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Our dog, an Australian Shephard is 5 yrs. old and at her 4 yr. checkup the vet recommended she have her teeth cleaned. It is pretty expensive, like around $100, and my husband felt he could just begin brushing them himself. She is more his dog than mine and will likely tolerate new things better when he tries them with her. Anyhow, he began using just a very small amount of toothpaste and brushing for a very short time in the beginning. Now he is able to use a standard amount of toothpaste as with an adult in a reasonable amount of time to brush, and her teeth look wonderful. He brushes them about three times a week. She tolerates it very well. We just use regular people toothpaste, like Crest whitening or whatever. We think it's a ripoff to buy special doggie toothpaste. We also just use a somewhat worn adult toothbrush. Now, our daughter has a 10 yr. old bassett hound and her vet strongly recommended that his teeth be cleaned. This was done, but the day following the procedure and the anesthesia, the dog had a small stroke with a very droopy/dry eye. The vet said it was not a reaction to the anesthesia, but we think it just about had to have been. So, my feeling would be that, if possible, you introduce your dogs to the tooth brushing experience yourself and see how that goes before heading off to the vet. We do, however, think that good dental health is important for dogs, just as it is for humans. Good luck.
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Old 04-06-2005, 09:03 AM   #18
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Originally Posted by Dove
Dove is going in very soon to have hers cleaned. She will be 8 at the end of this month. The blood test is extra and is opitional but it is a very good idea to have it done first. It will tell a lot about your pets health and if it is safe to have the teeth cleaned. That is important to keep up just as much as having yours or your childs teeteh cleaned.Trust your vet..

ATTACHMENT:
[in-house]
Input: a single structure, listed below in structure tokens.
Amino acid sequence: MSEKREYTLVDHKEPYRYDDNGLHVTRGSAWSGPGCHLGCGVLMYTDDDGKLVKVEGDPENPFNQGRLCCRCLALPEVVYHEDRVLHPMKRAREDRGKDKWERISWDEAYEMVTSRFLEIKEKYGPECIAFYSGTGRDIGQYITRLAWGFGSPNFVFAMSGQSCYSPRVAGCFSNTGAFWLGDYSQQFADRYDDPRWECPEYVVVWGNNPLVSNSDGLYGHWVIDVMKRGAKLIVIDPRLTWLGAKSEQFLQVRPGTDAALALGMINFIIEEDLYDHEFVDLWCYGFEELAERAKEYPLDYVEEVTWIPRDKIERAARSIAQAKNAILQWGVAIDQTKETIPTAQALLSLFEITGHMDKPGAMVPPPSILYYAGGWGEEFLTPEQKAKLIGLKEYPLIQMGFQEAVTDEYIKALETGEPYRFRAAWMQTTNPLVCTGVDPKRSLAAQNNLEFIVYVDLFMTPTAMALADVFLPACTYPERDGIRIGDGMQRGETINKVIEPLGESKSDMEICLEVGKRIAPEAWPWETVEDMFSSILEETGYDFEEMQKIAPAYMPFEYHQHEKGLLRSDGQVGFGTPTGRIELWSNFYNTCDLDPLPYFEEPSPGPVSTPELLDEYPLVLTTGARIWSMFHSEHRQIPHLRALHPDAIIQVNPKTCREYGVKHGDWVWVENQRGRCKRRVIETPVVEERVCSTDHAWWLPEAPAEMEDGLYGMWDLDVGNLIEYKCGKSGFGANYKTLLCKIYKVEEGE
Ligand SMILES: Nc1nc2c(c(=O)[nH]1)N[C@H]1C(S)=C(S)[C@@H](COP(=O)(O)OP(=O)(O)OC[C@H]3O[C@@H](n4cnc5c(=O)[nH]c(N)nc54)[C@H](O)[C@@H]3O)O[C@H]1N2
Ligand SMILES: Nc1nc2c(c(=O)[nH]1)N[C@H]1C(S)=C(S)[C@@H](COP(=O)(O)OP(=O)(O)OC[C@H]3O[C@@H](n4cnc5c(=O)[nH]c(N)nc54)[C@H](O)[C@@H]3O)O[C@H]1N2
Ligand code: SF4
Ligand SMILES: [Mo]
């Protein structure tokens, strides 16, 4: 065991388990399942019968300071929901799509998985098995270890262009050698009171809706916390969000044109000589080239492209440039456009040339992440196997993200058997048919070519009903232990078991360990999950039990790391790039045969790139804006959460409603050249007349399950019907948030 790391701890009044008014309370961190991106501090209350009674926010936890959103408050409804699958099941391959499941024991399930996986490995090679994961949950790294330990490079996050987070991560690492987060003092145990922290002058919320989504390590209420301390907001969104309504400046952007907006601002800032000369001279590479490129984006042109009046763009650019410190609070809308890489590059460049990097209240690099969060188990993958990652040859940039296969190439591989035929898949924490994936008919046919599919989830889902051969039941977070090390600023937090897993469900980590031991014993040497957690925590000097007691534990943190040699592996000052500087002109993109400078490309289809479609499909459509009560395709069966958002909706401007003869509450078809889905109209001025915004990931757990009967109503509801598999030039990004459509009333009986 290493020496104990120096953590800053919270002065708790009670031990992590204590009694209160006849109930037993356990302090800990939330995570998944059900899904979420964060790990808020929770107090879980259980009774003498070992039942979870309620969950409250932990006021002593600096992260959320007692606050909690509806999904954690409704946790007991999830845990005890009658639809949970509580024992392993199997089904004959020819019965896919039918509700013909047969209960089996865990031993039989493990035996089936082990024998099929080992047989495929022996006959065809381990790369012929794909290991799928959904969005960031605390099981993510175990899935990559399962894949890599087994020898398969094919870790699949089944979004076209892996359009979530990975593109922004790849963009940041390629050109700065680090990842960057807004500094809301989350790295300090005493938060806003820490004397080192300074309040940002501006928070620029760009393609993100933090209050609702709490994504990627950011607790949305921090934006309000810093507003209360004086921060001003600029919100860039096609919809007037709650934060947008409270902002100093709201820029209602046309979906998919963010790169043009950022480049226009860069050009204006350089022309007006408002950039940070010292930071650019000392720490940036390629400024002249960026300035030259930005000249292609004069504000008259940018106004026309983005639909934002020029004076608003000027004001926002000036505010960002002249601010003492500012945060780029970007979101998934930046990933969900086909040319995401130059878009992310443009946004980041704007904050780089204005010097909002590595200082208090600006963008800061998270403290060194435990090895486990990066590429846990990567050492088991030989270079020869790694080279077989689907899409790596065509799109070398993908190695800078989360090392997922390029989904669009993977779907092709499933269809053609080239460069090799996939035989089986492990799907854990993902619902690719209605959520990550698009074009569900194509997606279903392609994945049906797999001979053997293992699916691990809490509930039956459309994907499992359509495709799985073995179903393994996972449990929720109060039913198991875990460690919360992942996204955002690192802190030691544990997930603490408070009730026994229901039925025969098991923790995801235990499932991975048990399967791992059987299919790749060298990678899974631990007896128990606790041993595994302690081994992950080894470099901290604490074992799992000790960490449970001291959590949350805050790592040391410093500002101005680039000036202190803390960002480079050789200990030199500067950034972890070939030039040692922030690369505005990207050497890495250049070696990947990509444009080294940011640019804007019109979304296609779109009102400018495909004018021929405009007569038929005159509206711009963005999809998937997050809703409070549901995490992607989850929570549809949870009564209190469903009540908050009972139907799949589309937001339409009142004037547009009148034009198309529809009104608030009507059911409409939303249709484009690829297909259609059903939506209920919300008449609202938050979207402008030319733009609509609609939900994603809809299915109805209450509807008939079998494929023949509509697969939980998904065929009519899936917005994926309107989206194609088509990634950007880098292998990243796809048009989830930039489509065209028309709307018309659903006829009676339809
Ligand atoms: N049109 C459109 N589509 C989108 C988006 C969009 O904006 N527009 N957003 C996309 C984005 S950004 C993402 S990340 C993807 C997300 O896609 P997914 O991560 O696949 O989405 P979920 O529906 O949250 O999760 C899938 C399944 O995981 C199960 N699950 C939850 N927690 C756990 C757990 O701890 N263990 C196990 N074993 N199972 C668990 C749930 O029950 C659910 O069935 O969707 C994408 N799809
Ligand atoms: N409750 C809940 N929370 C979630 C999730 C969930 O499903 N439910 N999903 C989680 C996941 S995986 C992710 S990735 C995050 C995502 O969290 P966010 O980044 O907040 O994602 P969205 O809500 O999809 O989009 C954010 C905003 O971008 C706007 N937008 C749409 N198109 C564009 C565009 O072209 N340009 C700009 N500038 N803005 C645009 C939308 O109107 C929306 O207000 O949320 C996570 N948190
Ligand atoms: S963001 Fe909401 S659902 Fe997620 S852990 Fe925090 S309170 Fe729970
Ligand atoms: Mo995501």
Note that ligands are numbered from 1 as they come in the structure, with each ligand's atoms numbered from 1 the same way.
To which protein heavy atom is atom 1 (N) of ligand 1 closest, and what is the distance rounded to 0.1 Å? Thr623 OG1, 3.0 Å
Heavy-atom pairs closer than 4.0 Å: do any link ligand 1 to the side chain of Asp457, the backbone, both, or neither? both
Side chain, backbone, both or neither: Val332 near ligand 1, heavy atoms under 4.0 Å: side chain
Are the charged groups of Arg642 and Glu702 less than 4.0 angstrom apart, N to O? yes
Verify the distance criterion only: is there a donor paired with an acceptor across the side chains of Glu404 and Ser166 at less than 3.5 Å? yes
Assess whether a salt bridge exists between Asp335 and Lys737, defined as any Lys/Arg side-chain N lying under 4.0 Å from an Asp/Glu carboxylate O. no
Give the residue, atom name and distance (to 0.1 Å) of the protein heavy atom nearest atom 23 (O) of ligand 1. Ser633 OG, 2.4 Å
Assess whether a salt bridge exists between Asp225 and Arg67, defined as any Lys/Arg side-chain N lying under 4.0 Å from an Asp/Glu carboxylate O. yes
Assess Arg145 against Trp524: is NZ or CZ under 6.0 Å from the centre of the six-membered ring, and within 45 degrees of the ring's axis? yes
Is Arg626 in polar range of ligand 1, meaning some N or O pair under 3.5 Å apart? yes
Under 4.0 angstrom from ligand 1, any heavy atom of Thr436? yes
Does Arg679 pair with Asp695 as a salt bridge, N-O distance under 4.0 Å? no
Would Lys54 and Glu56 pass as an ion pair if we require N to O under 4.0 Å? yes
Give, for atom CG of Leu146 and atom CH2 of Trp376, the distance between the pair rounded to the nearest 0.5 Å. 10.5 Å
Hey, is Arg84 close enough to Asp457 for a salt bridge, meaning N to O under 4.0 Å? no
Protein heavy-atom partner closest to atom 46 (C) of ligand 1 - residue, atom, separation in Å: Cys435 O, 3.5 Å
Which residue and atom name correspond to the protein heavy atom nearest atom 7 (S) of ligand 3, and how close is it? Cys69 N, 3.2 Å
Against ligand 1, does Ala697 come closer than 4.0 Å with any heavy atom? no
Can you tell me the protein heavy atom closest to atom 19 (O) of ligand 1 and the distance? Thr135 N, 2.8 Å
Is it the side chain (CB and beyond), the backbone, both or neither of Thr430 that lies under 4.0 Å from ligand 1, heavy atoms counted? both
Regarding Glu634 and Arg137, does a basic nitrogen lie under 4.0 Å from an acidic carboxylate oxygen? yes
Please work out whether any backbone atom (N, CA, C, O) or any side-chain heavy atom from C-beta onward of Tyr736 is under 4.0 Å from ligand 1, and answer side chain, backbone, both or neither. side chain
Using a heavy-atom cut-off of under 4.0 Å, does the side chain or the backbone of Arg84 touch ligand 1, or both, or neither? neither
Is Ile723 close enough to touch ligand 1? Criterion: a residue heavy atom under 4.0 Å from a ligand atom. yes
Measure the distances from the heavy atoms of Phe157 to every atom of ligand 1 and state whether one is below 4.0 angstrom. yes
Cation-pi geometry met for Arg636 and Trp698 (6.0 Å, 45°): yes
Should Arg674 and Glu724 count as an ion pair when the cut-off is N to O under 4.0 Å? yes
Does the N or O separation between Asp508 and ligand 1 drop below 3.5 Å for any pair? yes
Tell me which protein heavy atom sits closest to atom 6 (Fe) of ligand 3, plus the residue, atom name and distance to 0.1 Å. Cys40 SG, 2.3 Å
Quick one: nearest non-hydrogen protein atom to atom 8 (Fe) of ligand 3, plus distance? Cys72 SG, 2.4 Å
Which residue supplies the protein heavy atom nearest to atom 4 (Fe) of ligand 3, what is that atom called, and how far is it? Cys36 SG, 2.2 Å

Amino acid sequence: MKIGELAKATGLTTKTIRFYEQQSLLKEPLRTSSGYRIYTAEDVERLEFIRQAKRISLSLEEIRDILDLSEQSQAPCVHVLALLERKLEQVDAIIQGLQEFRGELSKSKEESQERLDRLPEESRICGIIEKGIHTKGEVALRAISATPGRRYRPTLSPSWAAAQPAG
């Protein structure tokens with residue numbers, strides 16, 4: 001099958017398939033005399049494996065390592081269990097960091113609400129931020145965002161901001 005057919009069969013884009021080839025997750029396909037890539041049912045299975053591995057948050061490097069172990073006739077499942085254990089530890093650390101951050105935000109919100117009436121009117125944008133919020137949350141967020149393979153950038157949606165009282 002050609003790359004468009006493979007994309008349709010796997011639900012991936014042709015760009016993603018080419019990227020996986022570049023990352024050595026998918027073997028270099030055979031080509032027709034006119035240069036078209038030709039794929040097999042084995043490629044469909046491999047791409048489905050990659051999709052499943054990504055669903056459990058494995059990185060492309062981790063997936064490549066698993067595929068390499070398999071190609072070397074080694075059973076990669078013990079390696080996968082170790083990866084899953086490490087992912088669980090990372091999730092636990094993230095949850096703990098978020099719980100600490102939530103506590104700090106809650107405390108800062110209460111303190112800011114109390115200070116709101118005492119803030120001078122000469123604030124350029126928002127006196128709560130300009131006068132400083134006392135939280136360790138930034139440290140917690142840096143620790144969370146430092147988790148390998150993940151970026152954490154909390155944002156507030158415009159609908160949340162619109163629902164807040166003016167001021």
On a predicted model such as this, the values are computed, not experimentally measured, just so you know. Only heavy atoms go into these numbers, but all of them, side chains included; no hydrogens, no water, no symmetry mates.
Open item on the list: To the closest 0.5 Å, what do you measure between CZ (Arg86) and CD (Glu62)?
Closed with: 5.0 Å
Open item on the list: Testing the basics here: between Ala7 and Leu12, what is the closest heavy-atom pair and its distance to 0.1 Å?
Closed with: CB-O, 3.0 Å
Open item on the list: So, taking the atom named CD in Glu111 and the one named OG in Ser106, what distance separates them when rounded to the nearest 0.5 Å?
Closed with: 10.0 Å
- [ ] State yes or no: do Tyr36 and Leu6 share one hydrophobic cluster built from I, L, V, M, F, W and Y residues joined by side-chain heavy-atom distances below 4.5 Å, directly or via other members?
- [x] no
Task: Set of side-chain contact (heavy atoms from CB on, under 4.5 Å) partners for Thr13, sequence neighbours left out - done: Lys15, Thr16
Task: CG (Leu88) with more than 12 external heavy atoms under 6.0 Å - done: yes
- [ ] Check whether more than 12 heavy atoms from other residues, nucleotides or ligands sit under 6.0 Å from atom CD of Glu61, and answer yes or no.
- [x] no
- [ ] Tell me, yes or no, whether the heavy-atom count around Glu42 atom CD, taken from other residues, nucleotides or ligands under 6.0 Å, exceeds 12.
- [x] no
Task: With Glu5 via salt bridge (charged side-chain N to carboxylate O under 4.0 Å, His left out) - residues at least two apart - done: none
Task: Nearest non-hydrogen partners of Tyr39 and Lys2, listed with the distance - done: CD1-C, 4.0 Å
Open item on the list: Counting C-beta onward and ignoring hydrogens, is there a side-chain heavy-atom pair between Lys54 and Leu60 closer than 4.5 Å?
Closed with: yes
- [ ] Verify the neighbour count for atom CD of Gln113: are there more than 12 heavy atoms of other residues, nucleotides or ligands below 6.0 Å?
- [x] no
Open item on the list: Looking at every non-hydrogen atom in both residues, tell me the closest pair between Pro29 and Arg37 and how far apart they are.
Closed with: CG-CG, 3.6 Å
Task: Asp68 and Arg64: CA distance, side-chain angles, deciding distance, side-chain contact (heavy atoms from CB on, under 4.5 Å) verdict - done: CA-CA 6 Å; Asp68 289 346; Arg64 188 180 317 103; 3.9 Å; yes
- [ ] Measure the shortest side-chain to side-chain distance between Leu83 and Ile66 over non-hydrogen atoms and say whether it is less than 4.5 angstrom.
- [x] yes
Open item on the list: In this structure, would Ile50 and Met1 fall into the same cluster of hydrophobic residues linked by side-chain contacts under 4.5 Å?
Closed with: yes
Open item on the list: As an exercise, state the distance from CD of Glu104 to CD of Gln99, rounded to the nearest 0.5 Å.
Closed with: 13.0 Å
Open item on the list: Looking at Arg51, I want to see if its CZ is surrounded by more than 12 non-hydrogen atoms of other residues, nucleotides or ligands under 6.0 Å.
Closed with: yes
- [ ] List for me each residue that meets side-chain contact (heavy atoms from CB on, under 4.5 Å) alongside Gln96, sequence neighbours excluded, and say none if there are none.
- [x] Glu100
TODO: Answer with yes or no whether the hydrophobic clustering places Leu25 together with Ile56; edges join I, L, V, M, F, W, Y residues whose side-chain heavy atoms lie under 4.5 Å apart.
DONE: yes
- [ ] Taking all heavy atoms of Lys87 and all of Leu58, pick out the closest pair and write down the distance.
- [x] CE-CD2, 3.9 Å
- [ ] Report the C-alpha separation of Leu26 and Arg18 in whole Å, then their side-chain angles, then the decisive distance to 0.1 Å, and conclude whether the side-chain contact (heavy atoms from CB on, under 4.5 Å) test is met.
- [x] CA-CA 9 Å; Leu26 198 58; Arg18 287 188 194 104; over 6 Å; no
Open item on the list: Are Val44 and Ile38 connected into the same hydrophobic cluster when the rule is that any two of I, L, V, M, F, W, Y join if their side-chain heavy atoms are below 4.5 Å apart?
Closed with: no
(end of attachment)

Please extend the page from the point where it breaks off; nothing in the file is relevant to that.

Dry food helps but does not do the job well enough. I lost my 16 year old Yorkie to liver failure and problems that come with poor dental hygene.

Oldcoot!! are you out there to back me up on this????????
Dove: all went well. Thankful they all made it! One had two teeth pulled, other had one tooth pulled and one with diabetes has liver problem. He is concerned about the diabetic one with liver due to what the blood test showed. She developed diabetes when only 6 years old, now going on 9. I realize the expense involved in how I feel about all this but if you love your dog you will do what you would do for yourself. As you said, blood test extra and that is what showed liver problem. Said he had to administer fluids before he did the procedure. He did not seem worried because he knows he doesn't want to worry me. Taking care of them the best way I can afford is satisfying to me. They are such friends to me. Part of health to take care of the teeth. Doctor said bad teeth can affect other parts of your body. One of my friends told me they don't even go to dentist for themselves much less the dog. This only shows how ignorant people can be about their health. The doctor told me to bring the diabetic dog back next week for another liver test. I have to realize with diabetes there is nothing anyone can do. Thanks for all your time and interest. My dogs and I all thank you. Meant so much to me.
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Old 04-06-2005, 09:40 AM   #19
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Don't know whether this will help, hope so: after the last time I had the cat's teeth cleaned the vet talked me into a powdered toothpaste and ribbed rubber finger tip (like they use for counting money accurately). He was against cleaning routinely done under anaesthetic because of the possibility of things going wrong. I have to tell you I've yet to use it (cat's teeth are so sharp especially trying it with an older cat for the first time!) Instead I have given her chicken wings more often and switched to an 'oral care' biscuit. What I am trying to say is, I think a dog would be easier to do and maybe a good pet store or another vet stocks a similar item?
It's a hard one isn't it because they do say that tooth decay can lead to heart problems, as in humans. Can your dogs eat bones at all? they're usually good tooth cleaners.
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Old 04-06-2005, 09:53 AM   #20
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Bridget is 11 1/2 and just had her teeth cleaned. Our vet does a blood test on all dogs over 7 and will not proceed if results indicate a health problem. Poor teeth can cause other problems, so I'd have the cleaning done annually if your dog's health permits.

...and that's the way it is in northern Minnesota.